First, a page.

This book places the events and issues of the Revolution of 1688, which dethroned the Catholic James II and enthroned the Protestant William and Mary, in their broad historical context. Beginning with the dynastic revolution in England, it examines in turn the dependent kingdoms of Scotland and Ireland, the American colonies, the United Provinces, and the continental European background. Themes explored include the role of the Whigs in William of Orange's success, the shift in Tory opinion, the part played by the Scottish nobility, Ireland's reduction to colony status, the evolution of Dutch foreign and domestic policy, and transatlantic repercussions. The book concludes with an examination of 1688 and its place in the Whig theory of history. Drawing on the expertise of an international team of scholars, the volumes makes an important contribution to the historiographical assessment of the revolutions of 1688 and their profound impact on subsequent history.
'Beddard offers a convincing and scholarly account of events in the winter of 1688-89, one that is based on an impressive grasp of the archives ... excellent collection.'
Jeremy Black, University of Durham, British Journal of Eighteenth Century Studies, Spring 1993 `Beddard, in an essay running to nearly one third of this volume, offers an in-depth account of political manoceuvres in England in the weeks between Williams's landing in early November 1688 and the tender of the crown little more than three months later.' Clyve Jones, Parliamentary History Vol 11, Nov 92 'Beddard ... argues that William of Orange joined up with the Whigs to hijack the revolution, and grab the government out of hands of James II and the Tories, to whom he had turned in the closing months of his reign. The narrative skill with which he develops this case, and the range of sources with which he documents it, make it a very powerful thesis.'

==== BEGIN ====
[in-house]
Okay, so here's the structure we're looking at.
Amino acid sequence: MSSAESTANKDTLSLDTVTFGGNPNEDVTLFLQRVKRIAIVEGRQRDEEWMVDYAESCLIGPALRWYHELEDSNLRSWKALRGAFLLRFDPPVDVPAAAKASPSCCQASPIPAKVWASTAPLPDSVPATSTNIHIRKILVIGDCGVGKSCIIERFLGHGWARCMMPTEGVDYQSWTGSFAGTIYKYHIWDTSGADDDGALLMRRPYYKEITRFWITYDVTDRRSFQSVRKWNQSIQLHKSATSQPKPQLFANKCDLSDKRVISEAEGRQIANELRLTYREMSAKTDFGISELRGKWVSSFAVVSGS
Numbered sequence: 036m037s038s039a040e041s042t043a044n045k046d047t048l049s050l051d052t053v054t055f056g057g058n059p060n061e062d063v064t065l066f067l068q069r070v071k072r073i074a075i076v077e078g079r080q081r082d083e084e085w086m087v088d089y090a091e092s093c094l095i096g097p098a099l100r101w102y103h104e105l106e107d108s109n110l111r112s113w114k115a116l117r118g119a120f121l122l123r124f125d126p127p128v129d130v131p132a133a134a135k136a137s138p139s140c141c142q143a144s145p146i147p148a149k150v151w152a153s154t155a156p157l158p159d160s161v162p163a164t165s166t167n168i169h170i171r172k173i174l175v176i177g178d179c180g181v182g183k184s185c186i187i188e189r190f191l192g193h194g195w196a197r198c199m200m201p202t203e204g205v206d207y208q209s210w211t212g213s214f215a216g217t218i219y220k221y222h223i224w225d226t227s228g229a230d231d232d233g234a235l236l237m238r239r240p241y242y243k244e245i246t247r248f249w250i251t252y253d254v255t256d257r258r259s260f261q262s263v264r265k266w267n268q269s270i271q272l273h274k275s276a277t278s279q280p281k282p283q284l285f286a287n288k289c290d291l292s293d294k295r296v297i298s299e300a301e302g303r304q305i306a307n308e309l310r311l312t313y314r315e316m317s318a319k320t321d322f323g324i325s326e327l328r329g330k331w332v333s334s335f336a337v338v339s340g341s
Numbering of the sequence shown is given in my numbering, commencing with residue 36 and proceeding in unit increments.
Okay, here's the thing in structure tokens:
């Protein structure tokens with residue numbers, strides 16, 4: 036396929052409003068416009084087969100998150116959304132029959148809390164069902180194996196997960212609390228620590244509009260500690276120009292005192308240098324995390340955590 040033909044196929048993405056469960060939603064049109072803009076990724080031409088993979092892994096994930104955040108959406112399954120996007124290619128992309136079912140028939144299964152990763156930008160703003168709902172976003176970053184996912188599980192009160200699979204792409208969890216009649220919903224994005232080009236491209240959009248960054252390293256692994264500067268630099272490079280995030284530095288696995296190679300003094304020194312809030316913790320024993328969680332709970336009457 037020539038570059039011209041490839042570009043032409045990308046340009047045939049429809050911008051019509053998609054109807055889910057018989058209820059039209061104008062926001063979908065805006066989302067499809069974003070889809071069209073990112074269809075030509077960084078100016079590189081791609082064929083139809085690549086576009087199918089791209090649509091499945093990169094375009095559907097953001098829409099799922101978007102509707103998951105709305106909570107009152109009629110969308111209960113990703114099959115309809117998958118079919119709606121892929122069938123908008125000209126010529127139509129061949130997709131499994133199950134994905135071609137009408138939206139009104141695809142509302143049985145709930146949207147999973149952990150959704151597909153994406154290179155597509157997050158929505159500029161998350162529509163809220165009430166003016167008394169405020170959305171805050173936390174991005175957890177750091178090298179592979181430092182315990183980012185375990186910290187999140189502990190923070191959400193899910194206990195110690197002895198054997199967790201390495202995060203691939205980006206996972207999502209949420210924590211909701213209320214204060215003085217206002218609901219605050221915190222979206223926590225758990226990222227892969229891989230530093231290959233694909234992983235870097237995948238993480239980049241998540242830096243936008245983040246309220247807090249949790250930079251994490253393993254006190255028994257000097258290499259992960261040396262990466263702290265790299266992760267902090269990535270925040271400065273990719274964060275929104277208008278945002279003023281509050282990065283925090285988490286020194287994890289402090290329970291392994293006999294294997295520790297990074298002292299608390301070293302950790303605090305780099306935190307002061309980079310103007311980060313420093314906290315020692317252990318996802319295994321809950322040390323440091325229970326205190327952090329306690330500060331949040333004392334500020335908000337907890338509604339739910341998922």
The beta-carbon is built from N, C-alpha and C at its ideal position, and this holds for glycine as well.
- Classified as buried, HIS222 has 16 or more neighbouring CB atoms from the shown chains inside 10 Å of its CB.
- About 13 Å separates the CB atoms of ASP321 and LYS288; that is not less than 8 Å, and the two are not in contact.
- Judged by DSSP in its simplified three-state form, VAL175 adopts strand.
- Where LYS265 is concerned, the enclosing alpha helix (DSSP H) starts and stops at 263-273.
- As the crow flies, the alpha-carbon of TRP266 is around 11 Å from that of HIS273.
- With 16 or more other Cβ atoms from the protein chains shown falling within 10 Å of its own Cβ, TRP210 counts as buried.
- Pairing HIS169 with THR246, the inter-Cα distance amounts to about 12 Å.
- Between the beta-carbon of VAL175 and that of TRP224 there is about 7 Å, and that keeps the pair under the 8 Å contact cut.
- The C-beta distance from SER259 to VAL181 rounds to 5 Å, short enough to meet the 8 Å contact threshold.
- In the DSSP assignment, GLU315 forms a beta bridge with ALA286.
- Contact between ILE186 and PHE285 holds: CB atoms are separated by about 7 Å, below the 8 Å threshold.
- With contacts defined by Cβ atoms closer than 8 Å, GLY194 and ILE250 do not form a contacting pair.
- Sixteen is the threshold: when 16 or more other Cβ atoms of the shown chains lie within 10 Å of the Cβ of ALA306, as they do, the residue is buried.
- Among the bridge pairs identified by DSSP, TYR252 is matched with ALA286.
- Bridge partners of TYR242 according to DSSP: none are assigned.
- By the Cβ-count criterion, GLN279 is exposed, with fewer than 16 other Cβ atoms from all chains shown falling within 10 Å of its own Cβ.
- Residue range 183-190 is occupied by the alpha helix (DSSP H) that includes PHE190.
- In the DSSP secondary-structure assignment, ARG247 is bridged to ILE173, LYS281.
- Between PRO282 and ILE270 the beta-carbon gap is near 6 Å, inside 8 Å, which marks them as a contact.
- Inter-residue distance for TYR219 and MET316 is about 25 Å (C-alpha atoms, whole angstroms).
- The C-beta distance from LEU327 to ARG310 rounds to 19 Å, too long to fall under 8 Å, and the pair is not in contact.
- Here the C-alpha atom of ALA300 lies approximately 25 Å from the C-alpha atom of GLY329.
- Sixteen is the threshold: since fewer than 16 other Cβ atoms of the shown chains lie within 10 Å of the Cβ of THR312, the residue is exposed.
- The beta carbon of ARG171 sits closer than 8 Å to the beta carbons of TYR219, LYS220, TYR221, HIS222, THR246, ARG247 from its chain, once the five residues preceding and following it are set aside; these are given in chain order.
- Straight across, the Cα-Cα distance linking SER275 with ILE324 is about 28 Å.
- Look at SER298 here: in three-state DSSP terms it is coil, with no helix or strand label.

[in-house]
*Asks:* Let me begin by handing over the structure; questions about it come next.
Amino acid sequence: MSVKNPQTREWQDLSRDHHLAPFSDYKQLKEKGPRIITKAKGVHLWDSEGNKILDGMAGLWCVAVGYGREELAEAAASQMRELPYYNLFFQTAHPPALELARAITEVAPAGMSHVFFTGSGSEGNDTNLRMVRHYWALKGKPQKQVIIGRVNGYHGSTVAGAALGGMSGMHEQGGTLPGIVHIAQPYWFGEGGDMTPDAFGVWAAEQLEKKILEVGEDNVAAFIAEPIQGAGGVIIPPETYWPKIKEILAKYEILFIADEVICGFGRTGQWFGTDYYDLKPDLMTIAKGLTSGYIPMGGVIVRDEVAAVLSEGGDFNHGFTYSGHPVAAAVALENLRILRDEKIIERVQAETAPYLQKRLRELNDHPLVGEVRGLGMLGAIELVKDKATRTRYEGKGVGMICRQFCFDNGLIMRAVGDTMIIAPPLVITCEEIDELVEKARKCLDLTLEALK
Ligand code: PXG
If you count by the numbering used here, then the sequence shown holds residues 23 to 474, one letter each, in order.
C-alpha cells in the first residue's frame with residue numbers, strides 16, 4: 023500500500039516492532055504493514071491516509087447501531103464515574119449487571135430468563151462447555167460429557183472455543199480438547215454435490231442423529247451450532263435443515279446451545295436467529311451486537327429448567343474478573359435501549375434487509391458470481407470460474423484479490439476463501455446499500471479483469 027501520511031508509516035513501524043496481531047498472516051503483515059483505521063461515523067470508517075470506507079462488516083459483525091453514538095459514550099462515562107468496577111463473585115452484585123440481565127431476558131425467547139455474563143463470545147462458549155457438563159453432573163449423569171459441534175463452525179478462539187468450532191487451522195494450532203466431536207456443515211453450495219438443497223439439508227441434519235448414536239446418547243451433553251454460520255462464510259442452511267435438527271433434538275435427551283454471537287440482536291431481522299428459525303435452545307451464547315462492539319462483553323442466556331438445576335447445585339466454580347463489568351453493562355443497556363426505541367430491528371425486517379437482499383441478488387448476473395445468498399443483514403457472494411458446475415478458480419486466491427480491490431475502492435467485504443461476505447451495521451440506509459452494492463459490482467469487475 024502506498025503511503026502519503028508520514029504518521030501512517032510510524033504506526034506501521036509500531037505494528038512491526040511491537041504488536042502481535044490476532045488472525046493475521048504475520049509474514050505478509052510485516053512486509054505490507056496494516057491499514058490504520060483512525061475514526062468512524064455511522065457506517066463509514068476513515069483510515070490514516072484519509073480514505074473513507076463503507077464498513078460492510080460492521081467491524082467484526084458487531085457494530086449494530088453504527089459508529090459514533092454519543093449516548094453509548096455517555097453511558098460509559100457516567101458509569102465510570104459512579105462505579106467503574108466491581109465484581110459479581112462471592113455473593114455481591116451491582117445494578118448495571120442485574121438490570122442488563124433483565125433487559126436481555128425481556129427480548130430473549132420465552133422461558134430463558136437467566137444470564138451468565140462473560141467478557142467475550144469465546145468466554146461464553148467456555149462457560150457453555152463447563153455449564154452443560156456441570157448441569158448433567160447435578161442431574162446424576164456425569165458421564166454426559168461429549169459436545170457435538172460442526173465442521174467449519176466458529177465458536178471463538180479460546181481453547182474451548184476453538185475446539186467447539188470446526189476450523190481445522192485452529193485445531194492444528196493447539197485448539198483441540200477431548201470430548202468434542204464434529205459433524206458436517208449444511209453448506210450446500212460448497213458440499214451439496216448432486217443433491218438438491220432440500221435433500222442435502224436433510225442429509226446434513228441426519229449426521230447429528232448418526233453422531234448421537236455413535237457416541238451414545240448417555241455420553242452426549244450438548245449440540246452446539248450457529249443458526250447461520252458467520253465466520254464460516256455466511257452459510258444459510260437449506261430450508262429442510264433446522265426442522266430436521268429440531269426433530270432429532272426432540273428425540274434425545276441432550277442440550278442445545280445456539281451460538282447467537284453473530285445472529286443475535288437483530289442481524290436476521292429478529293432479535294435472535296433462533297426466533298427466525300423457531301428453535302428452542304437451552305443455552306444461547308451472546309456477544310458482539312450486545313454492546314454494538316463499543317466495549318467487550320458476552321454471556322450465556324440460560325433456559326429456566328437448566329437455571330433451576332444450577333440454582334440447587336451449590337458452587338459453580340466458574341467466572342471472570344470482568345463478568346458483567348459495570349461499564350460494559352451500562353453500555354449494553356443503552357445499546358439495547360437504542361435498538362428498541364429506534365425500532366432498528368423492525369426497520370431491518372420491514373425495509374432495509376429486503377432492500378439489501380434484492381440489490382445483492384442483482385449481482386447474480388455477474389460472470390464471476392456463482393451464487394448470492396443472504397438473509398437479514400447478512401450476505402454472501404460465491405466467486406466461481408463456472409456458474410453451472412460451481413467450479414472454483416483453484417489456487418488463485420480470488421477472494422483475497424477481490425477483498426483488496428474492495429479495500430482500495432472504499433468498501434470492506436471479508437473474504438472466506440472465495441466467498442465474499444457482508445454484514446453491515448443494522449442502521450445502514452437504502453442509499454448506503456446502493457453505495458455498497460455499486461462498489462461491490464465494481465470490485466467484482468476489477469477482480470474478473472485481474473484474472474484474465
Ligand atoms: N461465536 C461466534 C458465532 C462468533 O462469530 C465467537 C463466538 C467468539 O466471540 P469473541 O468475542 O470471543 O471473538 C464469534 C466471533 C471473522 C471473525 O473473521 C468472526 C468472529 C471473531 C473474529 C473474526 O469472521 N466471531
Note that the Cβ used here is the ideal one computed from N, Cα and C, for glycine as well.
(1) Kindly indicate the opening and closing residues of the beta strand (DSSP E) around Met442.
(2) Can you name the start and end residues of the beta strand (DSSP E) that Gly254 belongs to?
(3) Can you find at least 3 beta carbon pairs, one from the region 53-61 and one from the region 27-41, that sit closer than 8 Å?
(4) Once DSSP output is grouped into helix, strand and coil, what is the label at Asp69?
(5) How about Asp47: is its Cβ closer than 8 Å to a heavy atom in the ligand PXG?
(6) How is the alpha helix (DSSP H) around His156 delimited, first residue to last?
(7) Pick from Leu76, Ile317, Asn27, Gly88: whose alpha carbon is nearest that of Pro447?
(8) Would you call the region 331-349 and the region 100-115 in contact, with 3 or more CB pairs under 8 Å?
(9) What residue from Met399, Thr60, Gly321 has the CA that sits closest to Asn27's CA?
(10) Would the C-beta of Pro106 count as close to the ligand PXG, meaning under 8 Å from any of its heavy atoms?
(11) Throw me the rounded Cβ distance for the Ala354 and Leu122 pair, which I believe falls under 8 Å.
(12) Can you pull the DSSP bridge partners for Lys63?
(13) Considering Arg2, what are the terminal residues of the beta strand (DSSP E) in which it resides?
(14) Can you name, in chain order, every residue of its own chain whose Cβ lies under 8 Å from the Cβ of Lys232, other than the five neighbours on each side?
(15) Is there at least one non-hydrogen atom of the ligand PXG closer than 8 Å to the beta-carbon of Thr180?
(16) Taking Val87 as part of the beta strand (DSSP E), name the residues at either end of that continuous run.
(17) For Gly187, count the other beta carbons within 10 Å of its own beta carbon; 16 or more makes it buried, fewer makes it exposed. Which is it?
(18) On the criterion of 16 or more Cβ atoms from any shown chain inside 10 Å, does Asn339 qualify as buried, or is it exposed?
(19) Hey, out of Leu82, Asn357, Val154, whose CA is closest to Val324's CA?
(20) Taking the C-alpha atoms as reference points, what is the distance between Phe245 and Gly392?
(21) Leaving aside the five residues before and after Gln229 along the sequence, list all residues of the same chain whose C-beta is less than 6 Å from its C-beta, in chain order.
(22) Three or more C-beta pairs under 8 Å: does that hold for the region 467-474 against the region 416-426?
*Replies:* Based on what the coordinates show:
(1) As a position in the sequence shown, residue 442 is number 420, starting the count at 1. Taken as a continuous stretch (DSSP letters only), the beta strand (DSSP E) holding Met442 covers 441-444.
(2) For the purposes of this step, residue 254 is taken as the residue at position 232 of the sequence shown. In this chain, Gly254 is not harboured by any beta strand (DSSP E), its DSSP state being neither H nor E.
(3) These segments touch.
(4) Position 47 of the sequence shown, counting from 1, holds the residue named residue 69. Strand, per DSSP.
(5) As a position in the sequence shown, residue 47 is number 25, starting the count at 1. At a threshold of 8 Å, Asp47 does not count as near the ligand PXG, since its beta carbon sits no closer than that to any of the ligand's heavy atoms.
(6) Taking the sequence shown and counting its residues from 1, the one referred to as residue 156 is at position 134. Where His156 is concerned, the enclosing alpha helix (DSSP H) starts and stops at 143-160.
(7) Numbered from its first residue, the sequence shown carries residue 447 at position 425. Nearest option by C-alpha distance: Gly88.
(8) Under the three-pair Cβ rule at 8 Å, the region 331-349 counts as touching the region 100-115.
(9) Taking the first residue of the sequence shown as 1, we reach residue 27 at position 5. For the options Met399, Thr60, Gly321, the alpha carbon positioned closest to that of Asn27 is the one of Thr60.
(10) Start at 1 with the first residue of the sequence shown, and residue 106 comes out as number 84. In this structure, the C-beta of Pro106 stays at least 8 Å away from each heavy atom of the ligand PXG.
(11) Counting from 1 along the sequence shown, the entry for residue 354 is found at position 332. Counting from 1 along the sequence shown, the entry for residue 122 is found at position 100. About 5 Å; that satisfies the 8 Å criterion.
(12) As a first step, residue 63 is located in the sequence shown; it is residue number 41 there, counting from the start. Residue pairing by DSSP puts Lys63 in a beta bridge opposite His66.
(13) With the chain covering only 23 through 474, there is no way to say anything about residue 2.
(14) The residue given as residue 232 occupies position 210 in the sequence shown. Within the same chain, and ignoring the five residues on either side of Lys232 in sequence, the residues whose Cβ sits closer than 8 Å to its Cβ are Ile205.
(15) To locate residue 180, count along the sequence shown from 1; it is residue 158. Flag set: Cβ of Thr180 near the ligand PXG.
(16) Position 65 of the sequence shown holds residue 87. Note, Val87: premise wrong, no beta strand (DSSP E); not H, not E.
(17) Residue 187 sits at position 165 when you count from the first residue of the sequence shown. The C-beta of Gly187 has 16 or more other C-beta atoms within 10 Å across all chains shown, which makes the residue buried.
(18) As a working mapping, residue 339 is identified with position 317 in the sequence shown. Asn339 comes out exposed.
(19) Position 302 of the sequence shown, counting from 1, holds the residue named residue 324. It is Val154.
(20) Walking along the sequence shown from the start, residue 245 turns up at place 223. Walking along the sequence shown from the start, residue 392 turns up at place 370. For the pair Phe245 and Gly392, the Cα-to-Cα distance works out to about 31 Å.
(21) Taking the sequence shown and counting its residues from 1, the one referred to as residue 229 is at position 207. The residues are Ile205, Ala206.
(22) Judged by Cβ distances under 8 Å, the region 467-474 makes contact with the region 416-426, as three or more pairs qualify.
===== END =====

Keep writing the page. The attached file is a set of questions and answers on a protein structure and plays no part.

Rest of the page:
W.A. Speck, History, October 1992 'John Wolffe has now made a valuable addition to the list by examining ultra-Protestant attitudes and actions during three crucial decades between 1829 and 1860 ... in this book he has not only consolidated his subject by displaying the relationships between different aspects of anti-Catholicism, but also expanded knowledge by giving detailed examination to the anti-Catholic societies and their leading figures. The book is thus a notable and distinguished
addition to a substantial literature.'
Ian Machin, Journal of Ecclesiastical History `an attractively-produced, beautifully-written and sparklingly-argued collection.'
Times Higher Education Supplement
Introduction: The Protestant succession; The unexpected Whig revolution of 1688; The political thought of the Anglican revolution; The Scottish nobility and the revolution of 1688-1690; Ireland and the glorious revolution: from kingdom to colony; Europe and the revolution of 1688; 'J'equippe une flotte tres considerable': the Dutch side of the glorious revolution; The revolutions in America; The significance of 1688: some reflections on Whig history; Index